Writing wasn't necessarily my lifelong goal. I just knew, growing up, I wanted to be involved somehow with movies and the industry. I didn't really make films growing up, but did enjoy writing and music. But I ended up getting into the film school at USC, which was a great experience and I met many people who remain friends today. It was a great avenue to make connections and gain the confidence that you can go from loving movies to actually being involved with them.

While at USC I started a little website for fun called DVDFILE. That led to my introduction into writing about movies. I also did some freelancing for magazines. After a few years of this I decided it was time to be a little more strategic about things. So I was able to find an agent, and we sold my first book, Ultimate DVD, to Penguin. Then I pitched the second, which is Crystal Lake Memories. Sounds easy, but it is a lot of work, trying to land an agent and then write proposals and pitch. After this, I don't know what I'll do next.

At first, how difficult was it to track down people involved with the Friday films and who were among some of the first people you contacted?

That was the biggest question I faced when I began. Originally, Crystal Lake Memories was just going to be a small book, maybe fifty interviews at most. At the time I started, 'Freddy Vs. Jason' was not even in production yet and there was little guarantee it would happen, and certainly no one knew it would be the big hit it was. So I felt I needed to start by contacting the people I felt I couldn't do the book without, like Sean Cunningham. Just to gauge interest. It also took some effort when I initially contacted people that I was doing a serious book about a subject that often causes guffaws. Still, the reaction was overall pretty good, but it wasn't until over the course of 2003, as 'Freddy Vs. Jason' heated up, that momentum built and publishers became more interested in an Friday the 13th book.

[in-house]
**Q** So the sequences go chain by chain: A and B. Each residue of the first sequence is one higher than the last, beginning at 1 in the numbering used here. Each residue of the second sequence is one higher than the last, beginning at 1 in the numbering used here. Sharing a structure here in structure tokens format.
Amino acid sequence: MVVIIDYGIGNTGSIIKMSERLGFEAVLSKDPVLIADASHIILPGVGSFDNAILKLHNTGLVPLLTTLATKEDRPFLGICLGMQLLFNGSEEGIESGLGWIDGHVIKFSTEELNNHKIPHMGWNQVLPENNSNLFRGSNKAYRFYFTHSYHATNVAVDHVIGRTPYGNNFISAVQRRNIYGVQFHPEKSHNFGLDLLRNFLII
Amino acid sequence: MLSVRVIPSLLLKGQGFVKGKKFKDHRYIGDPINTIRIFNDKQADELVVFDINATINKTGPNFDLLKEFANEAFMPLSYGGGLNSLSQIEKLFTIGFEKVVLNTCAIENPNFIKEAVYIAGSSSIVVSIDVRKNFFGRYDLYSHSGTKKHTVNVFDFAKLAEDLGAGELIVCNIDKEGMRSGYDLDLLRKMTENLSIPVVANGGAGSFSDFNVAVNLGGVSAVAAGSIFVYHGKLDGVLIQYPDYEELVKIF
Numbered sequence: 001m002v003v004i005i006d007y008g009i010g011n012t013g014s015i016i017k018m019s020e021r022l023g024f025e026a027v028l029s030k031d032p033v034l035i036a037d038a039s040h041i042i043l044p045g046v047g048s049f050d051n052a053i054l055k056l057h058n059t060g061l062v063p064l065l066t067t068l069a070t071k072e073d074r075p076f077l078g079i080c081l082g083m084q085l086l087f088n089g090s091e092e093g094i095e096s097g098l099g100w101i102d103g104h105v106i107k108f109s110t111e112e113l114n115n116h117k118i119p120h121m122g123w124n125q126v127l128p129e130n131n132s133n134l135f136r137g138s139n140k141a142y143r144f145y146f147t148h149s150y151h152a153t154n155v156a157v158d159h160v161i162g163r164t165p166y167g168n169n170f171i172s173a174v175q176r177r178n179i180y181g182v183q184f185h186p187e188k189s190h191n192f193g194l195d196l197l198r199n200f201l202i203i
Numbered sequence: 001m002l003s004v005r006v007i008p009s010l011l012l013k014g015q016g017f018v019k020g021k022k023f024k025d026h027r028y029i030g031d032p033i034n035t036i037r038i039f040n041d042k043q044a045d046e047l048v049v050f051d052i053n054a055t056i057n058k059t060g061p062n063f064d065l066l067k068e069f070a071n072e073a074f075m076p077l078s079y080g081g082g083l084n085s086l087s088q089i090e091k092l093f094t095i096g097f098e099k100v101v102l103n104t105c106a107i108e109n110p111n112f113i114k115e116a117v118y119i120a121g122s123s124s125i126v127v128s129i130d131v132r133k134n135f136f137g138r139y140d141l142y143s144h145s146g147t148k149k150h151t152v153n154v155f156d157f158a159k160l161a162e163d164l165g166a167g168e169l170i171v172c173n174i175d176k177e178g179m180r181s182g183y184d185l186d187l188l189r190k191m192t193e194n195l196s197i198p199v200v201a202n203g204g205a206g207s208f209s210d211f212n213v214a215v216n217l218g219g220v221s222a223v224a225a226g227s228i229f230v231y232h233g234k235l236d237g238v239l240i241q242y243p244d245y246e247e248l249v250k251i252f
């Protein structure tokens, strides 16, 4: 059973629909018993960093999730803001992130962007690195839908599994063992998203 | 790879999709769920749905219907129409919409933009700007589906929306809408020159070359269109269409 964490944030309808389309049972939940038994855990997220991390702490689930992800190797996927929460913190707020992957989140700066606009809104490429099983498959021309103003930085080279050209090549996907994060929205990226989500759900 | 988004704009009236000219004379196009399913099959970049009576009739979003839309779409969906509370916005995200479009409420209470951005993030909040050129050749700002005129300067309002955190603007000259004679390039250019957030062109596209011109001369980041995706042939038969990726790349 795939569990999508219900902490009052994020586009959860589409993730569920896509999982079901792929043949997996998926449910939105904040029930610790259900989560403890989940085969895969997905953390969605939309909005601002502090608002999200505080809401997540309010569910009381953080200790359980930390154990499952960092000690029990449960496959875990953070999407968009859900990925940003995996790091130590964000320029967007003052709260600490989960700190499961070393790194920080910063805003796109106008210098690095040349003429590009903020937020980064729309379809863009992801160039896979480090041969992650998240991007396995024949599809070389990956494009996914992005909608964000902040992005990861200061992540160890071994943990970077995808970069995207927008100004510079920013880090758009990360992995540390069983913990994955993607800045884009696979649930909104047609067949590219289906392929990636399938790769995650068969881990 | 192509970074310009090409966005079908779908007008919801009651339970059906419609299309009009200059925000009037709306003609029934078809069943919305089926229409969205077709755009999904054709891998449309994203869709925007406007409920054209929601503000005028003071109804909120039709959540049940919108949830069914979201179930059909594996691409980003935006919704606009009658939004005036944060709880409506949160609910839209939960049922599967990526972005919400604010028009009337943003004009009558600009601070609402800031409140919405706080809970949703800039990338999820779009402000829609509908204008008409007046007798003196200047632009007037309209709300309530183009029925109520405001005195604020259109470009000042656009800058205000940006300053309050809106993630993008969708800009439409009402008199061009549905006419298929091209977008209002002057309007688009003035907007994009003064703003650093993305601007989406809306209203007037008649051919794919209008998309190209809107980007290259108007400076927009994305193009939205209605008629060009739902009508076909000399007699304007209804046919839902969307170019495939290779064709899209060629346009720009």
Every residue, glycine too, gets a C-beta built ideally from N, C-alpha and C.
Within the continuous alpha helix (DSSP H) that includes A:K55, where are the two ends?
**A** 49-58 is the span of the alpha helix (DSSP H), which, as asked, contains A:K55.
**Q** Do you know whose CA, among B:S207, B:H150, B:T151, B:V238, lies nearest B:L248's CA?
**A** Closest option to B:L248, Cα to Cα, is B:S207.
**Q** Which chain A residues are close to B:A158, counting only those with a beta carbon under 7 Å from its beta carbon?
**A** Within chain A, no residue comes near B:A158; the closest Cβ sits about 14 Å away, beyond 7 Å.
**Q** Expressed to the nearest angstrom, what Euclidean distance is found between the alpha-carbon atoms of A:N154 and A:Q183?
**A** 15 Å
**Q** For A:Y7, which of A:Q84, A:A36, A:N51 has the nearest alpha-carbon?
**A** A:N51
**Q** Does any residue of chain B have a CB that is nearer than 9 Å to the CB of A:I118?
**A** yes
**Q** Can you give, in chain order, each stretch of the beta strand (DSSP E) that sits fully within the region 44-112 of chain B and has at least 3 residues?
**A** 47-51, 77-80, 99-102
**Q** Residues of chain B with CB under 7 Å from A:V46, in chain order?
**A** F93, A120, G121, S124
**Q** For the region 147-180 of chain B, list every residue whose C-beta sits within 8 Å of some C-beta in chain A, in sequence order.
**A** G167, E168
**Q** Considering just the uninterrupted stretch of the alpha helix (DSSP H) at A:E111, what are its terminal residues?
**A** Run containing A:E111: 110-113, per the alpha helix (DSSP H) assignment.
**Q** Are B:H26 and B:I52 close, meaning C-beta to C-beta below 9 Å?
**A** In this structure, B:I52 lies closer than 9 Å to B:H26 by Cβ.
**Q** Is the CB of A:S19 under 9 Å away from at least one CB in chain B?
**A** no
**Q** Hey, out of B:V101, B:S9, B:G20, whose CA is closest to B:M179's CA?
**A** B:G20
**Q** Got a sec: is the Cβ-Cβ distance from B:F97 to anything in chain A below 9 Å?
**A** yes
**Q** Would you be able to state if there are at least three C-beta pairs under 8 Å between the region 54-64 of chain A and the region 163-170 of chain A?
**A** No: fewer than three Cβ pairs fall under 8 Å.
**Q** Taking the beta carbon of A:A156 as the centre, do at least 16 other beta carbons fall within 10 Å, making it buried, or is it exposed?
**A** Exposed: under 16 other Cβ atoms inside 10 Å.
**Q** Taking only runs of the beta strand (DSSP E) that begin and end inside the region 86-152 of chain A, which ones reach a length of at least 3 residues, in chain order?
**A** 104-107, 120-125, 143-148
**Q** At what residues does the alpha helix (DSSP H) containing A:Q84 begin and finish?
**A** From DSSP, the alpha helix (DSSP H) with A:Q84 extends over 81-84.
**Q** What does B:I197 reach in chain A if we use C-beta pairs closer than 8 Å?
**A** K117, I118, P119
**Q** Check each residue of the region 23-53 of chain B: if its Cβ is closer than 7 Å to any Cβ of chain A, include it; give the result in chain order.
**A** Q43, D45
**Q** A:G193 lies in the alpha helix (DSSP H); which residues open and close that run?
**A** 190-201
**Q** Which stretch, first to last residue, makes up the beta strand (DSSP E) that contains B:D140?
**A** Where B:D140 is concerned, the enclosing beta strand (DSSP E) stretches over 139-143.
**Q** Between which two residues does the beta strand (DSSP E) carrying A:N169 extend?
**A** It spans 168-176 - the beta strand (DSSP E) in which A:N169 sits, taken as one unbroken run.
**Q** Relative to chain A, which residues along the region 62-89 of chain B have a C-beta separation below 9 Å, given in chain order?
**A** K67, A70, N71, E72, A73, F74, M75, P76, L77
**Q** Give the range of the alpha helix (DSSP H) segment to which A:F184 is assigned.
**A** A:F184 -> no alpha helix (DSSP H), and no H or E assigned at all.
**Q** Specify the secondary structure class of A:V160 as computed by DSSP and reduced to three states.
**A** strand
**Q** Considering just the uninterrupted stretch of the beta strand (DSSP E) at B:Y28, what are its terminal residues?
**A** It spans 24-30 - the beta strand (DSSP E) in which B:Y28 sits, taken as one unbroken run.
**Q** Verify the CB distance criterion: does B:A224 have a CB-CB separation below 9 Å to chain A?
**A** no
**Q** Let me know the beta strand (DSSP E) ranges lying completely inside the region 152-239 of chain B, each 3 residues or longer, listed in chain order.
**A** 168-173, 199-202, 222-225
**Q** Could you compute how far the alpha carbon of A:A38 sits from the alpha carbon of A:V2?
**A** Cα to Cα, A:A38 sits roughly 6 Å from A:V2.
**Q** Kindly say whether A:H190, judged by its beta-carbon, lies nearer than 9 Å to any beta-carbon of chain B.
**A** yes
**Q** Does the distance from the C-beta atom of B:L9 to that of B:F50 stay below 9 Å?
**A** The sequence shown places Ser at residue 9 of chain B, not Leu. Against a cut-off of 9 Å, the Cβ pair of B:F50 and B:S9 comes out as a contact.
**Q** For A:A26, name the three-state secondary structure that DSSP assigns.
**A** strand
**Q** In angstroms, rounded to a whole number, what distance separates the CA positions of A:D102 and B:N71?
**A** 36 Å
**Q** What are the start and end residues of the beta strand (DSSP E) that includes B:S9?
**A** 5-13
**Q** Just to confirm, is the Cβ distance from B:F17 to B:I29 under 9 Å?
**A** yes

The success of the film really ignited things. The studios became far more receptive, as did Sean, who has since become one of the book's biggest supporters. But along with that came more workload, and suddenly fifty interviews became two hundred. The process is like being a detective. Folks still active in the industry are pretty easy to find through the usual channels, like SAG and the technical guilds. But with Friday the 13th many left the profession, so you have to rely on the Internet but more often other contacts. The more people you interview, the more your connections grow. So in most cases someone eventually knew someone else, and so on. About 85 percent of my wish list I was at least able to contact. Right now, it is down to the wire and there are still a few people I just can't find. But it has been a solid 18 months of work, so hopefully the sheer number of participants will speak for itself.

Did your initial interviews lead to the Friday reunion at the Fangoria Weekend Of Horrors?

Actually, yes, I remember talking with Tony Timpone at Fango back in 2003. I wrote a piece called "Jason's Journeys" for the 'Freddy Vs. Jason' movie mag, and I mentioned to Tony that the time was right to start getting Friday the 13th reunions at their conventions. So we helped with names for the January 2004 FangoCon. Now, with the 25th anniversary this year, there has been a lot of activity about doing more, so I hope that in the coming few weeks there will be some announcements of more convention appearances by 'Friday the 13th' cast and crew.